Braun ‘hit the ground running’ in Senate

By ALLEN LAMAN
alaman@dcherald.com

U.S. Senate Photographic Studio, Rosa Pineda

About seven months into Mike Braun’s first term as a U.S. Senator, the Jasper native said he hasn’t had any issues with the jump from state to national politics.

“I think whatever prepared me to get there must have been pretty good because I feel like I hit the ground running,” he said in a Monday interview in his office at Meyer Distributing in Jasper.

Recently, Braun has made national headlines for opposing the Senate’s now-passed federal budget deal, which he argued is not sustainable and would be shouldered by future generations.

He’s also introduced bills that would cap, cut, and balance that budget as well as define ‘Waters of the United States,’ clearly outlining what is and is not a federally regulated waterway to help farmers.

In addition to that, Braun offered an amendment to America’s Highway Infrastructure Act that would strengthen the Department of Transportation requirements to use “made-in-America” products in taxpayer-funded infrastructure projects.

While speaking about his accomplishments, Braun said he is one of the few Republicans willing to interact with various media outlets, which makes him stand out.

“I never did mind doing that before I became a senator, speak my point of view,” Braun said. “And I certainly did it on a limited basis as a state legislator. And here, since we don’t get anything done substantively on legislation that should be done because of the opposing ideas, you’ve got a big microphone if you’re willing to use it. So, I do that.”

Braun is a member of several committees, including the Senate committees on agriculture, nutrition, and forestry; environment and public works; the budget; aging; and health, education, labor, and pensions.

He said he actively attends every committee, and he’s generally one of the last people to leave their meetings. He taps into previous experiences while serving on those groups.

For example, Braun developed an understanding of health care from his work at Meyer, and he regularly brings the topic up to challenge the expensive industry and the way it has evolved.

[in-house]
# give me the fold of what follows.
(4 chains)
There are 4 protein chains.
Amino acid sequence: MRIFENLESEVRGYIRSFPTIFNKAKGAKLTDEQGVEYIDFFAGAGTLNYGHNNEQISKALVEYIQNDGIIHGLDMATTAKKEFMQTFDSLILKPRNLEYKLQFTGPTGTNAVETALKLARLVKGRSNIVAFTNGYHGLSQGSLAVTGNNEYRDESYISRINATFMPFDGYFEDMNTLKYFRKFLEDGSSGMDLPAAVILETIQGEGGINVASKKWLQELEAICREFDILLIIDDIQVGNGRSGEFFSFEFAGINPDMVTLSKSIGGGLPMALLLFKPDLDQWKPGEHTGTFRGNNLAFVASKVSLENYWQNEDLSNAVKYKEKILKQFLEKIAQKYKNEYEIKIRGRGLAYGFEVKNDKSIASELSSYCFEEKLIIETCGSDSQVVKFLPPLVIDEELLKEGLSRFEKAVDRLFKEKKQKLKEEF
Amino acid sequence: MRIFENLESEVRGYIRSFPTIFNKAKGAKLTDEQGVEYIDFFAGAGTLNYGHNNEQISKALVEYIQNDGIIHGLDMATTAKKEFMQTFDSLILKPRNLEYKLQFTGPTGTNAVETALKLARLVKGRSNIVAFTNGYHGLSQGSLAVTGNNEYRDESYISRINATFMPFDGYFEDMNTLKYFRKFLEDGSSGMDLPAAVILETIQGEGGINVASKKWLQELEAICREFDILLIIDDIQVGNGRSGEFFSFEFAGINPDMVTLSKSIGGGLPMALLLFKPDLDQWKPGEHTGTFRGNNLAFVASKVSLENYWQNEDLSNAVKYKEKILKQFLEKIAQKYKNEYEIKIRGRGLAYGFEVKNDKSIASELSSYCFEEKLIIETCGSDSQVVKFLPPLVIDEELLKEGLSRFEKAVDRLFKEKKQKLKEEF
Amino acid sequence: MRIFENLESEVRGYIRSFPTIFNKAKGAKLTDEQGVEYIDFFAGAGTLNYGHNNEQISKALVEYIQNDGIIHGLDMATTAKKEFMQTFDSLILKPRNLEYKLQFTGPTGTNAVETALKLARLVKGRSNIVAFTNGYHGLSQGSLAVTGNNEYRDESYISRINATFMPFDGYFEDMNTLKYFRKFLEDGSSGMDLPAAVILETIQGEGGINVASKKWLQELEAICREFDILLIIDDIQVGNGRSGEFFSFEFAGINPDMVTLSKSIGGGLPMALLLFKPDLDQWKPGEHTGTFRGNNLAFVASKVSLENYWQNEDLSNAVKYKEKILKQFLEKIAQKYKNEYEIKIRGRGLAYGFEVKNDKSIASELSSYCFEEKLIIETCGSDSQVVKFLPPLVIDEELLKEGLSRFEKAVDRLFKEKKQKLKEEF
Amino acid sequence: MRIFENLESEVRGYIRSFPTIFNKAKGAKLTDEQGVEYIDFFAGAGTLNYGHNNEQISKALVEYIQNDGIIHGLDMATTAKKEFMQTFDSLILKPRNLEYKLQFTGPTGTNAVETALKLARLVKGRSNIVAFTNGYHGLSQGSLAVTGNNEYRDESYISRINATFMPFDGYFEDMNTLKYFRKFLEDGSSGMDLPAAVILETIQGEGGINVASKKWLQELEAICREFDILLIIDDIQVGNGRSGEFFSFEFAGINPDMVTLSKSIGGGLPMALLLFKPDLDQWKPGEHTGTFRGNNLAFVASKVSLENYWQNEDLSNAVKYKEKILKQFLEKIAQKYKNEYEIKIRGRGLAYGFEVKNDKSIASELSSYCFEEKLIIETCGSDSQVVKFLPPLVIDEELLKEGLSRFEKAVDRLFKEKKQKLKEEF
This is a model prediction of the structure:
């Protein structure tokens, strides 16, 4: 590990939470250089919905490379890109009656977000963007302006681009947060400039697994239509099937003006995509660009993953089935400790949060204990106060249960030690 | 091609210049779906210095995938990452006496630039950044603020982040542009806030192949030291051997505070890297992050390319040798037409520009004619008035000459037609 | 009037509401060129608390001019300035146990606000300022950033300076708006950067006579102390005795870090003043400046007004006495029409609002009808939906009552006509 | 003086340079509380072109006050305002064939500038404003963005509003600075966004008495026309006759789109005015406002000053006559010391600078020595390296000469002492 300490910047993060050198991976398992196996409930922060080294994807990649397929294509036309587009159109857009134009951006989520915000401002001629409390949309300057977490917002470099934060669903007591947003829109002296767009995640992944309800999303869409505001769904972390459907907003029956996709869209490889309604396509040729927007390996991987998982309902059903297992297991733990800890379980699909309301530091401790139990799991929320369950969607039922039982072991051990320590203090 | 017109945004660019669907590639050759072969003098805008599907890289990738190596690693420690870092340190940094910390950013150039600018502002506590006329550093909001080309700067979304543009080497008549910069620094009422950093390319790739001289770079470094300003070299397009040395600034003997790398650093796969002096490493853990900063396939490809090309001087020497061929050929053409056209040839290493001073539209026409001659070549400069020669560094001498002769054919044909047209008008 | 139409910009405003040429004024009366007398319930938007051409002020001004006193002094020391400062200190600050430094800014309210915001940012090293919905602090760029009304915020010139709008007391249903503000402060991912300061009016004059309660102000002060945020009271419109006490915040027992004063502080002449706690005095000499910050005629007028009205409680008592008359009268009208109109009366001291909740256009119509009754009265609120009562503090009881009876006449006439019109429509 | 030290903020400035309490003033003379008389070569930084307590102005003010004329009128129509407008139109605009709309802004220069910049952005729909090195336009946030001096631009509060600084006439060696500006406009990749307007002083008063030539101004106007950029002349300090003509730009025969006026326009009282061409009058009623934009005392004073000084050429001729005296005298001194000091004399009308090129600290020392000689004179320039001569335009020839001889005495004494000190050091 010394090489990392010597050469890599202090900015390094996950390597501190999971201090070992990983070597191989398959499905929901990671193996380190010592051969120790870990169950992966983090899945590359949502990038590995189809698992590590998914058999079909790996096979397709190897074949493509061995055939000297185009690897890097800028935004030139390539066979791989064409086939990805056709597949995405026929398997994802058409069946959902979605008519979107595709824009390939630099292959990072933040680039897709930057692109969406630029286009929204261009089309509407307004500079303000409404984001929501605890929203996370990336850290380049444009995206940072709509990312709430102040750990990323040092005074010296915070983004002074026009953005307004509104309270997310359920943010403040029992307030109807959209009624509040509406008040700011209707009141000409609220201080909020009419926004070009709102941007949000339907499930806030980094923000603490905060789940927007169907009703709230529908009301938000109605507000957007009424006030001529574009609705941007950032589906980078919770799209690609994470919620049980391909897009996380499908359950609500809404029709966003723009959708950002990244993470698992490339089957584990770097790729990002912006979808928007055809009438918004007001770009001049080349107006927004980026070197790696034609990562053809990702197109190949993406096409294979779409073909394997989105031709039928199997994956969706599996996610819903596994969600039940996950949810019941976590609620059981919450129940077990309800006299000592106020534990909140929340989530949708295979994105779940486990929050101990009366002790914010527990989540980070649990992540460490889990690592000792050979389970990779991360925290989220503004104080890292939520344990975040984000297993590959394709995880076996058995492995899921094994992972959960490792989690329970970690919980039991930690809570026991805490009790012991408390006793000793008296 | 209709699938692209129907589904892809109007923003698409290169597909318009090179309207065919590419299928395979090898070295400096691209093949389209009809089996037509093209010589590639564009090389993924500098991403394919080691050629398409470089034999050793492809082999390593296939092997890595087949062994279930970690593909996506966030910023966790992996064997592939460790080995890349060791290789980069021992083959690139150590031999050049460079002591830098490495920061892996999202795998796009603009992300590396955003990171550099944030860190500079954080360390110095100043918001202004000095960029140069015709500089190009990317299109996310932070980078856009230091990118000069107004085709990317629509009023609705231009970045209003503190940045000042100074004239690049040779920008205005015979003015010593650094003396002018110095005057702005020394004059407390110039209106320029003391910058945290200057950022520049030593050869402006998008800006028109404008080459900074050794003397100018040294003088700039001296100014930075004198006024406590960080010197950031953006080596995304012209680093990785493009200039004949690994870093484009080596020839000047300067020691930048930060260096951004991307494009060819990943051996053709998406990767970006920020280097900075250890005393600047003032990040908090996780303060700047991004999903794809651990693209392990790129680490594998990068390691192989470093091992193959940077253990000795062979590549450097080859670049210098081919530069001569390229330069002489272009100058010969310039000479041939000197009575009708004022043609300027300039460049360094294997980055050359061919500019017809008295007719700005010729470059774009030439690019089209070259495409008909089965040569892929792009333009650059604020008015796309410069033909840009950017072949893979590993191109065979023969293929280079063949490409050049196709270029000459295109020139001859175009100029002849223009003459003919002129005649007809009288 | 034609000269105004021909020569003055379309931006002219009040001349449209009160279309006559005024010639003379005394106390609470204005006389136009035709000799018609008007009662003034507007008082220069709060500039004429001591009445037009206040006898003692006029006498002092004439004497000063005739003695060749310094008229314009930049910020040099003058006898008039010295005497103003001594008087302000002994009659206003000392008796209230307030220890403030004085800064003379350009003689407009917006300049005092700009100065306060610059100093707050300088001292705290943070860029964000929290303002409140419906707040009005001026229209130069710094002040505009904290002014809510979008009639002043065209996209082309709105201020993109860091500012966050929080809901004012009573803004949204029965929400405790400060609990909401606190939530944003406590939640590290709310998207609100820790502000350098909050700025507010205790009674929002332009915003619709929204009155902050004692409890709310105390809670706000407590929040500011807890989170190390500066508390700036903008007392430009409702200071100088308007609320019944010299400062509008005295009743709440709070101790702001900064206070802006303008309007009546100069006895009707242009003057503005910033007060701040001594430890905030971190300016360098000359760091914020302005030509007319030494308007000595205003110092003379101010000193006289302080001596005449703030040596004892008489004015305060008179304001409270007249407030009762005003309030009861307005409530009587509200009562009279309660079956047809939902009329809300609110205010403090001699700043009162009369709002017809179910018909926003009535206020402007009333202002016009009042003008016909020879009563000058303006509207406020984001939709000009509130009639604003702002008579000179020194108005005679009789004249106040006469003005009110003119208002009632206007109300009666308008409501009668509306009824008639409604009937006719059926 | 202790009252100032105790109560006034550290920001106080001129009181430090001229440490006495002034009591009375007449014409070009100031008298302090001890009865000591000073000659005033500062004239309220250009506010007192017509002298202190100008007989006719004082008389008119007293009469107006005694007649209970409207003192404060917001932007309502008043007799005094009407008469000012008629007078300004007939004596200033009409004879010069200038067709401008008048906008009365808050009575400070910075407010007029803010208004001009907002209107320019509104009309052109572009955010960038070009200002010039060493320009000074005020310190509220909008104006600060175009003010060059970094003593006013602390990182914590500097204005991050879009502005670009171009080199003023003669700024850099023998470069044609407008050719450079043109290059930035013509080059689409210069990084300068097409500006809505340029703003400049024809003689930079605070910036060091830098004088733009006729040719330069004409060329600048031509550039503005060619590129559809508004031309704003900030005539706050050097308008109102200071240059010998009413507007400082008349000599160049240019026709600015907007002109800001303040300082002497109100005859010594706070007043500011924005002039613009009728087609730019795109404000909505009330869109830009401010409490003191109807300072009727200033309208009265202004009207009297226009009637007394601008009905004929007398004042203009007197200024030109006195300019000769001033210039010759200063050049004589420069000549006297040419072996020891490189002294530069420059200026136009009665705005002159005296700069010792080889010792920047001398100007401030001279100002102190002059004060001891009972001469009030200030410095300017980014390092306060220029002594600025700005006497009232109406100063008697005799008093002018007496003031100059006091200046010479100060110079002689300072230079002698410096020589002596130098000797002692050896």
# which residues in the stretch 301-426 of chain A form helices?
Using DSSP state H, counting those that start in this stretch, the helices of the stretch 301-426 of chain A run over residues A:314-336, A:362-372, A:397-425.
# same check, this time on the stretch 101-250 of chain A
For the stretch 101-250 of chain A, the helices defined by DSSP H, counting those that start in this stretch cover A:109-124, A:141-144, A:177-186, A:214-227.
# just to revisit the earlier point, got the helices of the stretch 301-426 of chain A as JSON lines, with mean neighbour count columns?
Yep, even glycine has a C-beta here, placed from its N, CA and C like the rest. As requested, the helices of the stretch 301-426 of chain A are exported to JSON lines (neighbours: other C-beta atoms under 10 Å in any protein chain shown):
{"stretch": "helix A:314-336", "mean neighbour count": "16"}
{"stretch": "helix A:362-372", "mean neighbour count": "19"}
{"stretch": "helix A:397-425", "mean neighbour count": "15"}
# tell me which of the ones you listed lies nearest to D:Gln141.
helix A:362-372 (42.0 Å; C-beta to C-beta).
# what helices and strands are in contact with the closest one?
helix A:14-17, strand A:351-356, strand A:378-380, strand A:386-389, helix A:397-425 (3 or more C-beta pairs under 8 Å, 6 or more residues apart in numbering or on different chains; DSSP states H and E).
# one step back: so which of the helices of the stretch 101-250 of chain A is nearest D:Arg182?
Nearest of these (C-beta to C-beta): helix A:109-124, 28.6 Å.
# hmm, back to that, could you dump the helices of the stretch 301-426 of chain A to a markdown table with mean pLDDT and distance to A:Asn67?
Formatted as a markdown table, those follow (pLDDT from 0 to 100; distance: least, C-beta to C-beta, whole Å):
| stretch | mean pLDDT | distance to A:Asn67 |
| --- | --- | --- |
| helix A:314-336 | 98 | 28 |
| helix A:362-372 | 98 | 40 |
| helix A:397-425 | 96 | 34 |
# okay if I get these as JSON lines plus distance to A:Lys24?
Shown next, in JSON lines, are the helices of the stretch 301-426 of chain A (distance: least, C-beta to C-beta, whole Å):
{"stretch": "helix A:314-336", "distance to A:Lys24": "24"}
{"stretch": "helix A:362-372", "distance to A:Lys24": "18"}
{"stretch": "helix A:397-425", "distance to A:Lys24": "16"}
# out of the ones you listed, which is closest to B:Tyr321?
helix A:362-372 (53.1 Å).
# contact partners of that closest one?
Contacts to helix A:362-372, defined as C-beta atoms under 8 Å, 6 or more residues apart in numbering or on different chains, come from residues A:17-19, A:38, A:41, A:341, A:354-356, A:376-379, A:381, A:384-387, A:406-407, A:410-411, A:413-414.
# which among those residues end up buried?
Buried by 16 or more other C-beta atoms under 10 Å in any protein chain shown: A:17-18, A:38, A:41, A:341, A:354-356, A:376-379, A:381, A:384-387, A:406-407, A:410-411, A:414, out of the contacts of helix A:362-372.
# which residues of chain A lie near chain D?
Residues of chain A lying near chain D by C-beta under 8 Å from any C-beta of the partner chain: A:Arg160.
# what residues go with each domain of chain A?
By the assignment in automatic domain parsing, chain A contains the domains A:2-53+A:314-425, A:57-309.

When he mentions that he is the chairman of a subcommittee on clean air and advanced nuclear technology, he points to his days at Jasper High School, during which he launched the school’s first ecology club. He’s also been a conservationist his entire adult life and is a tree farmer, helping his decisions on the agriculture committee.

“[I’m] probably the only member of the agriculture committee — of the 20 on the committee — that’s actively kind of involved in farming,” Braun said, noting that one of the other members does have a cattle farm. “That’s been unique.”

He said the budget committee should be the most important of the bunch, but instead is probably the most irrelevant one because “Congress doesn’t do a budget anymore.”

“It’s pretty well ... a small group of people kind of control the process,” Braun said. “Nobody’s really that concerned with the performance — that I think is poor — where we spend so much through the federal government, and there’s so many arguments that it’s just not spent well. I think the proof is in the pudding, so that’s frustrating.”

Addressing the rising cost of prescription drugs, combating the opioid crisis, promoting post-secondary education options other than four-year schools, reining in federal spending and calling on Congress to approve Trump’s United-States-Mexico-Canada agreement are all issues that are important to him.

He’s thankful that he’s been given a platform to address them.

“I’m blessed and honored to be the U.S. Senator, and will draw on my Main Street experience that’s been based upon hard work, experience and practical solutions,” Braun said. “Commonsense stuff. We need more of that in D.C.”




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